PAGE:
Stratasys, a leading 3D printer manufacturer, have put their devices to use for brain surgery pre-planning, resulting in significantly reduced risks when it comes to the procedure.
Teaming up with The Jacobs Institute, a medical research facility in Buffalo, New York, Stratasys set about 3D printing models of a patient’s brain vessel anatomy before a medical procedure to treat an aneurysm.
Using the patient’s CT scan, a team of doctors and researchers created a life-sized replica of the aneurysm, with the model designed to recreate the feel of human tissue and its vascular structure.
“Our original plan was to treat her aneurysm with a metallic basket – delivered into the area with a tiny tube. After attempting the procedure on the 3D printed replica, we realised it just wasn’t going to work,” said Dr. Adnan Siddiqui, Chief Medical Officer at The Jacobs Institute.
“Based on the Stratasys 3D-printed model, our team was able to pre-empt potential complications and devise a much more optimal means of treating Teresa’s [Flint] aneurysm.”
Stratasys used the Objet Eden260V 3D Printer, with TangoPlus photopolymer material, to create the replica.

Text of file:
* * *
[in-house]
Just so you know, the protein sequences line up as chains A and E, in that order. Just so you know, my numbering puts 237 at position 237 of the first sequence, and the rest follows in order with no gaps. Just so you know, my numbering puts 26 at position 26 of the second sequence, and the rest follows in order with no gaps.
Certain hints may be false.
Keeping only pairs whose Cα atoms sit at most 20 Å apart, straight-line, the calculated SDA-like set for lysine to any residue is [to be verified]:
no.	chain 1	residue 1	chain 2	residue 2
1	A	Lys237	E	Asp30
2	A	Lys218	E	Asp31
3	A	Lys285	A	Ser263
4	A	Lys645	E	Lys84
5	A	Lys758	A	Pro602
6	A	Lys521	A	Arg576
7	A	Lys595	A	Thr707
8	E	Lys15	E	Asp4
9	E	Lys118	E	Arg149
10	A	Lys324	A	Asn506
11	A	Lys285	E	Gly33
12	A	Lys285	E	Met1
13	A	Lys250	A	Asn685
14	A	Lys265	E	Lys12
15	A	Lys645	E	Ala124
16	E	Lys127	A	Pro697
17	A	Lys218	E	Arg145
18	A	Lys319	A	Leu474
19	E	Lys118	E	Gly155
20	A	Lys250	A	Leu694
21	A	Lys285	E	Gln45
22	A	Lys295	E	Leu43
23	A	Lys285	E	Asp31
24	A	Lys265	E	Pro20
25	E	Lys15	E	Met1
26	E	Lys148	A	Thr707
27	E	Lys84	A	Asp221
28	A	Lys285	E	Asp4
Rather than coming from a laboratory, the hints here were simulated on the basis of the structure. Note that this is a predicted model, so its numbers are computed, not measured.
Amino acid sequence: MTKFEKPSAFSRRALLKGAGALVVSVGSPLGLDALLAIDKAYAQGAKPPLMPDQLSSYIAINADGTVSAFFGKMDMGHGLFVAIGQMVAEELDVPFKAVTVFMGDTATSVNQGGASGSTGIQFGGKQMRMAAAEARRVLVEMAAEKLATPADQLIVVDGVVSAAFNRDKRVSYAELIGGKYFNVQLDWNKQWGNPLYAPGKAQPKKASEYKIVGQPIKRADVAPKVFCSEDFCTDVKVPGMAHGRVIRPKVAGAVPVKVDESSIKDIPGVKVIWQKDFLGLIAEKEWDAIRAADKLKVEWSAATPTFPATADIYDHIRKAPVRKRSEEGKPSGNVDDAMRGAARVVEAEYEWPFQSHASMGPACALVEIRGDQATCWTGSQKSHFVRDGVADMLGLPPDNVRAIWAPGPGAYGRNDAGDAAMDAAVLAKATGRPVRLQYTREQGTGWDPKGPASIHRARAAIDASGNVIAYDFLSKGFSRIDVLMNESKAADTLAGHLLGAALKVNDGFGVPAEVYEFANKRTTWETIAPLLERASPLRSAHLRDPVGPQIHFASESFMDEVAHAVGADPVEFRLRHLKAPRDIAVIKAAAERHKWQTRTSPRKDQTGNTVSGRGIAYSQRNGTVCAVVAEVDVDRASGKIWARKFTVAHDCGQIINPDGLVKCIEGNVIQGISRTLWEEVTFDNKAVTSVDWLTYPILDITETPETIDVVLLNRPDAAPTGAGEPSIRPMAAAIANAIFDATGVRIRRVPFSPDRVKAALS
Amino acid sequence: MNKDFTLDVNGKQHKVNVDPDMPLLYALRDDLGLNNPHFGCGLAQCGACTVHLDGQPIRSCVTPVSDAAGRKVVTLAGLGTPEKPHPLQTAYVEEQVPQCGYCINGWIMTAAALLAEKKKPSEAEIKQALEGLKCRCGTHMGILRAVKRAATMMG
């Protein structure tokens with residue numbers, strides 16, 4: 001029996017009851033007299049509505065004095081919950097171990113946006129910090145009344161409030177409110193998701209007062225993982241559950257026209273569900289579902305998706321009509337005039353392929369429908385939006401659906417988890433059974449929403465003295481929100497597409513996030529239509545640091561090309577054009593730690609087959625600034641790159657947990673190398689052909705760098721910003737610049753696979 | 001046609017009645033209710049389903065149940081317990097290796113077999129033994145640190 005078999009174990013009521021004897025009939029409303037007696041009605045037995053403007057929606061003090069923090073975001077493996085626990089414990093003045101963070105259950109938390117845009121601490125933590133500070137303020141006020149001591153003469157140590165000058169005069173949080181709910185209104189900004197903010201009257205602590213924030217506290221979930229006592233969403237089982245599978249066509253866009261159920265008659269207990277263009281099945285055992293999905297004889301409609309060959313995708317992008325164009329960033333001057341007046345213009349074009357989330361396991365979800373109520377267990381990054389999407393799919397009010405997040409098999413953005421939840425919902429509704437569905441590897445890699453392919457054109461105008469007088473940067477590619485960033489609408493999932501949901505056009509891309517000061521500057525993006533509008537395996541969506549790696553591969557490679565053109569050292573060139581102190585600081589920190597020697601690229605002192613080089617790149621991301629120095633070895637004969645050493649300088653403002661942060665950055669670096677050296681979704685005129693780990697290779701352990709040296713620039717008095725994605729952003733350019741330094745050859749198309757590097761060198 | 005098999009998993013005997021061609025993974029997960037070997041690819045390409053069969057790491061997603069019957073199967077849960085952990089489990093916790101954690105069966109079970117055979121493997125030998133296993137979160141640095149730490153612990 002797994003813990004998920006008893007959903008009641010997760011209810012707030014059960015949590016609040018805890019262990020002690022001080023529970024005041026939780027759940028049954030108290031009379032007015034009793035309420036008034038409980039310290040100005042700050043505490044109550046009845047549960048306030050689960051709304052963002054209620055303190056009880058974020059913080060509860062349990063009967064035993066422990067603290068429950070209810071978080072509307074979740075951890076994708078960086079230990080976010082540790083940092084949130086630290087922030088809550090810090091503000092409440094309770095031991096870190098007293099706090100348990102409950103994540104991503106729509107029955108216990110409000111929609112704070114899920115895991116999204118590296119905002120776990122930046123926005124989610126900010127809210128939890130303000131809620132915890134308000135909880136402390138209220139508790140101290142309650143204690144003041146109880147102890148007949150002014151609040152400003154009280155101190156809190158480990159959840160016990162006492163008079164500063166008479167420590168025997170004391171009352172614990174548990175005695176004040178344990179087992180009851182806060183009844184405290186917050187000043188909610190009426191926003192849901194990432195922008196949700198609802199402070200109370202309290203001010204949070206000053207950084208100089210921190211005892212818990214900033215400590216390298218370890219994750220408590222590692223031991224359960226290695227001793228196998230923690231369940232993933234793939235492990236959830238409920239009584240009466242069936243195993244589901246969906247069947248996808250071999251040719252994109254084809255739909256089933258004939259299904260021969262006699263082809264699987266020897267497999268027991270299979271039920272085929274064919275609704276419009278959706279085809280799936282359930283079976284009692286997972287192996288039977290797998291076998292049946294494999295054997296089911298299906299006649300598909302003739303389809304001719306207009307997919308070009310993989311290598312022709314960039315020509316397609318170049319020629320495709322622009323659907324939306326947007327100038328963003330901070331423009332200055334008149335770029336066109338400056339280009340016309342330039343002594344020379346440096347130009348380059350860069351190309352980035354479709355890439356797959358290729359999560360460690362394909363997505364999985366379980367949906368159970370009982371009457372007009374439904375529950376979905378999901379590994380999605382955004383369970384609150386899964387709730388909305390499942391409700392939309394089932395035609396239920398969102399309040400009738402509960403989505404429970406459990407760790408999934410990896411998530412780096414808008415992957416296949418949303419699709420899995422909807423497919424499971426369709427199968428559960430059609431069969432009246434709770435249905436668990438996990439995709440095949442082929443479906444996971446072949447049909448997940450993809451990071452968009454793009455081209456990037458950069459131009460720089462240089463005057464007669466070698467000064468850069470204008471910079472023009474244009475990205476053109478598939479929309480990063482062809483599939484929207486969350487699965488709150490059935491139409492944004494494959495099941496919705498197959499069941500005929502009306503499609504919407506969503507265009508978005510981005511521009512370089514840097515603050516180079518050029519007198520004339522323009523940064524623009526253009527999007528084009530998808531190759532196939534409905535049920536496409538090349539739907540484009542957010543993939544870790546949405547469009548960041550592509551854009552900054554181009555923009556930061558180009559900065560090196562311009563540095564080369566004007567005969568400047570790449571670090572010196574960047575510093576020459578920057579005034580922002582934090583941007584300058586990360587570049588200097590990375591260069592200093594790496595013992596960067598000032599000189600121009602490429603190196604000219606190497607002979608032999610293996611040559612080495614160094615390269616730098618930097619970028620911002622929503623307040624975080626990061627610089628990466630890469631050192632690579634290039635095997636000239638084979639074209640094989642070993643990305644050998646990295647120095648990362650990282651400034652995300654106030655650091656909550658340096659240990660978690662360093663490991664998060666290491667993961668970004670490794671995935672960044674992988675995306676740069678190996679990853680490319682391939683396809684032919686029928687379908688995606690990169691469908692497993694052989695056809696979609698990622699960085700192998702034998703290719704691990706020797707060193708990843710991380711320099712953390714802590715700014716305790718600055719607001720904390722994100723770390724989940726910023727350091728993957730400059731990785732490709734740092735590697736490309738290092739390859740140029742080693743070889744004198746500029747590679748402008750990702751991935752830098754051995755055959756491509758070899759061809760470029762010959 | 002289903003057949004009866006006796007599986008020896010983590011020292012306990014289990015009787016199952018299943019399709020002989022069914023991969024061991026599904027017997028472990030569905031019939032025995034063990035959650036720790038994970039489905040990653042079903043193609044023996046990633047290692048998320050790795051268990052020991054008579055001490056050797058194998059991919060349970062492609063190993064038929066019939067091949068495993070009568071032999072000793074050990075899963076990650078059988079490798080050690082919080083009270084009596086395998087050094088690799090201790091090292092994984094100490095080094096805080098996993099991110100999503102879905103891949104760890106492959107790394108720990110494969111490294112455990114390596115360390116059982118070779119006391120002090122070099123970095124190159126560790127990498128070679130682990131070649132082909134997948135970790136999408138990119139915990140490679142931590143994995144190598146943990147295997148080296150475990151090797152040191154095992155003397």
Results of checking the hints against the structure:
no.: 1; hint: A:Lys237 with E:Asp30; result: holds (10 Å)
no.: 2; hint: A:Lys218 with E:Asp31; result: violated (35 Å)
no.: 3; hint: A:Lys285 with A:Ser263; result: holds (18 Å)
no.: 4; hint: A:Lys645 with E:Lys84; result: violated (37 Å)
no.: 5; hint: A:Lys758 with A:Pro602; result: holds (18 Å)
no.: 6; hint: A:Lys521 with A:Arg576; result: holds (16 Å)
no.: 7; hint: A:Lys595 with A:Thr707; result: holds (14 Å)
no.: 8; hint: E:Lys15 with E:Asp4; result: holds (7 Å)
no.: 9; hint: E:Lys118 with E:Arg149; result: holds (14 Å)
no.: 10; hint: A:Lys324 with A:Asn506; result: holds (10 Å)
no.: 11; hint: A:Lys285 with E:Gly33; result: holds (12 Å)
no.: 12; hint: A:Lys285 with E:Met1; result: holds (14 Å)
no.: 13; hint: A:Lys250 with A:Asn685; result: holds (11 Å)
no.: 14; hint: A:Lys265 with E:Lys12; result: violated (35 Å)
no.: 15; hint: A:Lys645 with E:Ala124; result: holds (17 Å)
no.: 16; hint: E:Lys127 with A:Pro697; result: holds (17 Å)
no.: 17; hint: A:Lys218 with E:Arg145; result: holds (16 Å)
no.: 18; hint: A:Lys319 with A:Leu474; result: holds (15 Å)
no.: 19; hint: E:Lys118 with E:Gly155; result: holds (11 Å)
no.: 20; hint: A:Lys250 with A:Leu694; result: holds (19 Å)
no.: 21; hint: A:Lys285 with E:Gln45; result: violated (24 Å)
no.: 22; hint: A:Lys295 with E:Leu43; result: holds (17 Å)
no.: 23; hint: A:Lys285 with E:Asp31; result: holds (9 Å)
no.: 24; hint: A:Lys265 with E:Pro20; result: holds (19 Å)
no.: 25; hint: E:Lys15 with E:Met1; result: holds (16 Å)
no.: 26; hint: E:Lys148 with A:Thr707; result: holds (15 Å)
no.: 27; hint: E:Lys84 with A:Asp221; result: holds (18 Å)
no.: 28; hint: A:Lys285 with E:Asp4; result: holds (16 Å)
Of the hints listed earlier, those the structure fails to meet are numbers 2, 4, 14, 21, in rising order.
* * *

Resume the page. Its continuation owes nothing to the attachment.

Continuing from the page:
“Typical treatment options are highly risky, as no two cases are identical and require deep understanding of each patient’s unique vascular anatomy,” said Scott Radar, General Manager of Medical Solutions at Stratasys.
“With the aid of Stratasys’ PolyJet 3D Printing Solutions, surgeons at some of the world’s leading hospitals are now able to quickly pinpoint affected areas on individual patients and practice surgeries on realistic anatomical 3D printed models. This is expected to dramatically minimise risks associated with delays and complications stemming from real-time, in-procedure diagnoses.”
Find out more about how Stratasys 3D Printers were used for brain surgery pre-planning below: